There’s a bit of hype around: HandlerSocket
It seems like faster, nosql access to MySQL data is becoming more desirable. Percona Server is now shipping with HandlerSocket built in.
My question is, what production use-cases make sense to bypasses the libmysqld layer of MySQL to utilize the HandlerSocket plug-in? Are you deploying it into production?
I find it interesting that Percona says that HandlerSocket is not that popular. In fact, it has bugs when writing operations interferes with open HANDLER structures.
What I also find appalling is that the concept of the HandlerSocket (known back then as HANDLER goes way back to MySQL 4.0.3 for both MyISAM and InnoDB. There were only provisions for reading at that time.
The basic usage of HANDLER is also in the book MySQL Reference Manual : Documentation From the Source, Section 6.4.2 Pages 512,513 (I have the book right here next to me)
Question remains : What purpose does the HandlerSocket serve ???
Imagine Facebook engineers trying to read a value in a MyISAM table (Facebook hates MyISAM, BTW) that is heavily trafficked. We all know that MyISAM performs a full table lock for any DML or SELECT performed. What you wanted to do is adjust a single column in a specfic row in that table (via SQL) but you need to know that data right now before SELECT queries lock it down. Do you want to wade through the humongous number of DB Connections hitting the one table you need just to change a single value? You could bypass these waiting SELECTs with no locking using the HANDLER syntax. You can do the same to InnoDB tables and bypass MVCC (MultiVersioning Concurrecy Control) and row-level locks as well.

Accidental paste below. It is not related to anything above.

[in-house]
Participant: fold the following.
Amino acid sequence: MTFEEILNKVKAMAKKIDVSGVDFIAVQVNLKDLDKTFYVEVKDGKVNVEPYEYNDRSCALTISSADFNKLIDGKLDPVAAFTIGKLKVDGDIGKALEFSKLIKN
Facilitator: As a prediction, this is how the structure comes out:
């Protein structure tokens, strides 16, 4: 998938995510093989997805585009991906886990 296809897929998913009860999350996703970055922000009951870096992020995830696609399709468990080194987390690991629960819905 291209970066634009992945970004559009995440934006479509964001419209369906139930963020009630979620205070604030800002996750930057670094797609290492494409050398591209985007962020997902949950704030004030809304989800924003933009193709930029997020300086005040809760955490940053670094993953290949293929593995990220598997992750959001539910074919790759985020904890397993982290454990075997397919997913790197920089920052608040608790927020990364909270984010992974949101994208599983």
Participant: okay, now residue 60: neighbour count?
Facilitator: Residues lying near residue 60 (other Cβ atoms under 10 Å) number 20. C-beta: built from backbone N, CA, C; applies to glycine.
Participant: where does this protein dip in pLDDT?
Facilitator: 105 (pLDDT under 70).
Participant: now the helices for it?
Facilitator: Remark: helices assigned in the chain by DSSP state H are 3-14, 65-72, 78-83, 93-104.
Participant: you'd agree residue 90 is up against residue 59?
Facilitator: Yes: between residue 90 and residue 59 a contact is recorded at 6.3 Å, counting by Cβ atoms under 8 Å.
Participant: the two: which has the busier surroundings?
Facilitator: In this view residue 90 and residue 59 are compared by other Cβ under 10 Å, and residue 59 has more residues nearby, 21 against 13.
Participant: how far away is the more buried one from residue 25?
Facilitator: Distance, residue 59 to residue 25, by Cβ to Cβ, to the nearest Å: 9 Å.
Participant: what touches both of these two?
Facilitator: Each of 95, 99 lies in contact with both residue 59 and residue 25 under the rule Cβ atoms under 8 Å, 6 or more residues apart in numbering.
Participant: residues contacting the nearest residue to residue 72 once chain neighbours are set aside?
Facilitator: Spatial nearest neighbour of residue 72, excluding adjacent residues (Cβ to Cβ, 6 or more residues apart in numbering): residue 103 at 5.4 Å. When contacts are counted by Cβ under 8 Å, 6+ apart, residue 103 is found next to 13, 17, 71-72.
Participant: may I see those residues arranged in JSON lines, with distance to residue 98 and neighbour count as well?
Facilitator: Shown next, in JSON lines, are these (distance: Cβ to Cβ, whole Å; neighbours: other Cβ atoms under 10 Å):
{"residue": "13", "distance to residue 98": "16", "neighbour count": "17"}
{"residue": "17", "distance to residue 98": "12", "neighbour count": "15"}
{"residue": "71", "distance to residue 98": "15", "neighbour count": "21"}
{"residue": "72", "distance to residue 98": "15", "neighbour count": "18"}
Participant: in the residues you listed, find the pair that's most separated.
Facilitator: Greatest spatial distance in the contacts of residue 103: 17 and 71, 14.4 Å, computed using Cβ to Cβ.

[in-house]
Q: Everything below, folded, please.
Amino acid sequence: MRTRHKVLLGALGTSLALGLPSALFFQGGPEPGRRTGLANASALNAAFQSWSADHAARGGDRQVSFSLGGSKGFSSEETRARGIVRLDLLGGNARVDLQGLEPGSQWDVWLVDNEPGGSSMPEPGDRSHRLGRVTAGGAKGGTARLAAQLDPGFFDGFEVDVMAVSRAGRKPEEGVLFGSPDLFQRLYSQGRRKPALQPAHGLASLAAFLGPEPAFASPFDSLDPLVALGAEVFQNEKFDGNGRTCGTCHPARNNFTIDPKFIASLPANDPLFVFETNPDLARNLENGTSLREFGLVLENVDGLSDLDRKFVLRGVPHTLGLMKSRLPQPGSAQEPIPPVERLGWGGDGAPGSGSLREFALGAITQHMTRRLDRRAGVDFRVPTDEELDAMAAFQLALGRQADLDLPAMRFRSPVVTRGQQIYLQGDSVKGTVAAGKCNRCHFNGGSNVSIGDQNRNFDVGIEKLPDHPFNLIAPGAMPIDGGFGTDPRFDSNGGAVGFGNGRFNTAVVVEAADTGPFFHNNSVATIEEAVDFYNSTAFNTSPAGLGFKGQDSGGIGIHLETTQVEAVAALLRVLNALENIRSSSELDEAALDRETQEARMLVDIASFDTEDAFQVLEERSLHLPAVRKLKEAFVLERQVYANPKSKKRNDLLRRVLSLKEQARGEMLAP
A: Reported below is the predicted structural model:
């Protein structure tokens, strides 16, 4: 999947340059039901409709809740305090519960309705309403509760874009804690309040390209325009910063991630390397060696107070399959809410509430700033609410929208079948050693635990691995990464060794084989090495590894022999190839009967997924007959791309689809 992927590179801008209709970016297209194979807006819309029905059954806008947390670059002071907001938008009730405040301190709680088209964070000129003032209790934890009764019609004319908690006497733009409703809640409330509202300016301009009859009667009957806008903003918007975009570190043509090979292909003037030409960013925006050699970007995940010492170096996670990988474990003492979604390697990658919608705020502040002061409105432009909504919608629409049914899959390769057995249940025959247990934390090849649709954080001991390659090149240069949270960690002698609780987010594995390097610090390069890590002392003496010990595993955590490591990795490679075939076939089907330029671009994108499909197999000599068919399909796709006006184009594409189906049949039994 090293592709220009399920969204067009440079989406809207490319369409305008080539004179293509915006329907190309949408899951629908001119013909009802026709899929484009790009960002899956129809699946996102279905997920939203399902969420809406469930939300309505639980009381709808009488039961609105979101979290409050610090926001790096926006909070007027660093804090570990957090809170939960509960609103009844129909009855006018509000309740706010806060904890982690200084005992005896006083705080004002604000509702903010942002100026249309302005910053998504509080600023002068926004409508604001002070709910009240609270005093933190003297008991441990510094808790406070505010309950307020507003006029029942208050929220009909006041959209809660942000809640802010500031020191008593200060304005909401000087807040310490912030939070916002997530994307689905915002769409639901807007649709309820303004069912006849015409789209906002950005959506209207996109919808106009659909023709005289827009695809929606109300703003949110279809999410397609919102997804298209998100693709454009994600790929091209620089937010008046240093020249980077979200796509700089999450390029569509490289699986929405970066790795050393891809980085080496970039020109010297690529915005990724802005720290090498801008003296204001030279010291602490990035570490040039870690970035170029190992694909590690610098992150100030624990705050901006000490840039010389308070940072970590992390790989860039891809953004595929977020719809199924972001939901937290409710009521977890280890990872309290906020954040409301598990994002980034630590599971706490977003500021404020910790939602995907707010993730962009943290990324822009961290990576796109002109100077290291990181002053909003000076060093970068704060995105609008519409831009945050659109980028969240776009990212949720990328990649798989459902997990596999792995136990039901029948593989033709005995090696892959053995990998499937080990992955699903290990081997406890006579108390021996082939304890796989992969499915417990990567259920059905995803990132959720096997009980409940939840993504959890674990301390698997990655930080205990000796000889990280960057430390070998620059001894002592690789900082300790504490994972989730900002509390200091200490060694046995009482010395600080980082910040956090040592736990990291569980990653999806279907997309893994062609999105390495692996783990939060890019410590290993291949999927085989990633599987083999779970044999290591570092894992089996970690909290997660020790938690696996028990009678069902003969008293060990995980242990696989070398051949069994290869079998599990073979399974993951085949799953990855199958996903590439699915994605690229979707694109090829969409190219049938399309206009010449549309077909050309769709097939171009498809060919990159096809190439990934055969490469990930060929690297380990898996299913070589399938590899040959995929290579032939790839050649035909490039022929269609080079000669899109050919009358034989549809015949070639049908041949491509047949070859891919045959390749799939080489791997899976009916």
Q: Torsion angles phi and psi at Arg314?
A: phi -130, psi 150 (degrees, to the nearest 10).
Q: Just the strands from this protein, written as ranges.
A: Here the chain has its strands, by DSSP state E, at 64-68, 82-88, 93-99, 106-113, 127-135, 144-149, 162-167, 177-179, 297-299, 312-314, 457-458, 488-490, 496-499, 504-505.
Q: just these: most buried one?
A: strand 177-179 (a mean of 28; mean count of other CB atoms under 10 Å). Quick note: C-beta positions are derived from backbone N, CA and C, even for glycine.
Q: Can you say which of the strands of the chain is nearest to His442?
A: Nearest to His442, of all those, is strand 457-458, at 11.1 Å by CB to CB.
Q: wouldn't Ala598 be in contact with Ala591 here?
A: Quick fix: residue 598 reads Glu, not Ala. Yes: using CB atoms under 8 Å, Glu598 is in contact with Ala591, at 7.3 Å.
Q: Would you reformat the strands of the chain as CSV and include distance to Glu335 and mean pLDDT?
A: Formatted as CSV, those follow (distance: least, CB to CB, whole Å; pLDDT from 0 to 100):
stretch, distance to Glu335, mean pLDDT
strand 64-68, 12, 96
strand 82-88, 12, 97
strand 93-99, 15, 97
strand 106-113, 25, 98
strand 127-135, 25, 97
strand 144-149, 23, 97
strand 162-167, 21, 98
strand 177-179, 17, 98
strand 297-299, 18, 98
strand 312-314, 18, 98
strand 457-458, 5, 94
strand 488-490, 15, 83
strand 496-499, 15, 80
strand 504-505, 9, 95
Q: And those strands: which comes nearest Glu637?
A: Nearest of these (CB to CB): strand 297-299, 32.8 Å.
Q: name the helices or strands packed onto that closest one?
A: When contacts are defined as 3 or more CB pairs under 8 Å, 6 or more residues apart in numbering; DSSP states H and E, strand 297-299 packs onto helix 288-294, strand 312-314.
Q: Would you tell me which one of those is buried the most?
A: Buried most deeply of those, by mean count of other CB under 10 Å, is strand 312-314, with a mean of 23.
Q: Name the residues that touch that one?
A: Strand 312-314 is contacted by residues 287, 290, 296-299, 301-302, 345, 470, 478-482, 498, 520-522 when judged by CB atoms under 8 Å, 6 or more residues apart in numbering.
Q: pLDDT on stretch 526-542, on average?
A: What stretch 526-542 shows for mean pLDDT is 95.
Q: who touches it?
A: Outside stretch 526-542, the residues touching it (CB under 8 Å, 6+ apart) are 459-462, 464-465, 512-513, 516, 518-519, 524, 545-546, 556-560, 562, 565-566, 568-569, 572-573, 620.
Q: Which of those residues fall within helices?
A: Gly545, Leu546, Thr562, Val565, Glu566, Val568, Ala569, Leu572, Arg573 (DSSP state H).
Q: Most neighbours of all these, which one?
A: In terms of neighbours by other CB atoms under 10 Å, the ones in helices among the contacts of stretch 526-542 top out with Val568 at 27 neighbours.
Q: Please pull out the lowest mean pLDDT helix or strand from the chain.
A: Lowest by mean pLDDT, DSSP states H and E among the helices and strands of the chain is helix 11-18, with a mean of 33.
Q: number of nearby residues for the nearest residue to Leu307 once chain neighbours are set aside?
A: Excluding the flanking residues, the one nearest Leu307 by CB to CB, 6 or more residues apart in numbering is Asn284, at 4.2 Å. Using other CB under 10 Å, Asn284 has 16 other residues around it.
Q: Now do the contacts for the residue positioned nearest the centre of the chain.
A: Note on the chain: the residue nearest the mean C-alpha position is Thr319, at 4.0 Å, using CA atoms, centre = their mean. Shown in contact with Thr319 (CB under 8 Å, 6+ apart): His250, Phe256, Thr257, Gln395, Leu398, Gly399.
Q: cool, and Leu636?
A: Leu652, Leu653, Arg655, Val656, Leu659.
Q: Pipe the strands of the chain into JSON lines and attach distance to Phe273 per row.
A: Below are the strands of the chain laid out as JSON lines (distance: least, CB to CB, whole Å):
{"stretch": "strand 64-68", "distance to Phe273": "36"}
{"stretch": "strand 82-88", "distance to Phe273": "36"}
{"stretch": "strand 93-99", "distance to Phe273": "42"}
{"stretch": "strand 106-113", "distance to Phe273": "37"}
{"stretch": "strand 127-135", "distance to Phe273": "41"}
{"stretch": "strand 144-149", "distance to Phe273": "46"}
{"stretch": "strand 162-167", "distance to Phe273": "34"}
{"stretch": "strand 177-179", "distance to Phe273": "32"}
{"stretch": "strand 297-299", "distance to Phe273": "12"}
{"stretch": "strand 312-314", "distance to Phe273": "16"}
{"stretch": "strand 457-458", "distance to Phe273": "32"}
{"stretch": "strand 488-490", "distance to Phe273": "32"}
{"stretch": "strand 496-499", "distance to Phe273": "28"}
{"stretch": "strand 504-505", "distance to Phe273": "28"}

Only in a high-traffic, high-read environment would you need to takes such a risk, especially if finding out data RIGHT NOW was the highest priority.
If you really want to know what production environments actually use it, I would write Percona directly in the blogs begging for that answer. Since I have never seen coding examples with the HANDLER (today HandlerSocket) do things other than reading, it would only serve the purposes of big MySQL installations like Facebook.
When you look at the syntax for opening tables, opening indexes and traversing rows, it resembles some programming languages I coded in back in the late 1980’s.
I am referring to the languages DBase, Clipper, FoxPro and Visual FoxPro. DBase was the grandfather of all these products. Now, before you start laughing and falling out of your chair, DBASE STILL EXISTS AND SO DOES VISUAL FOXPRO !!! I personally know one person that still codes in FoxPro and Visual FoxPro !!! OK, now you can fall out of your chair, crying in the fetal position. Still don’t believe me ??? How about some sample code ???
Enough ranting on old data handling programming languages that resembles hierglyphics !!!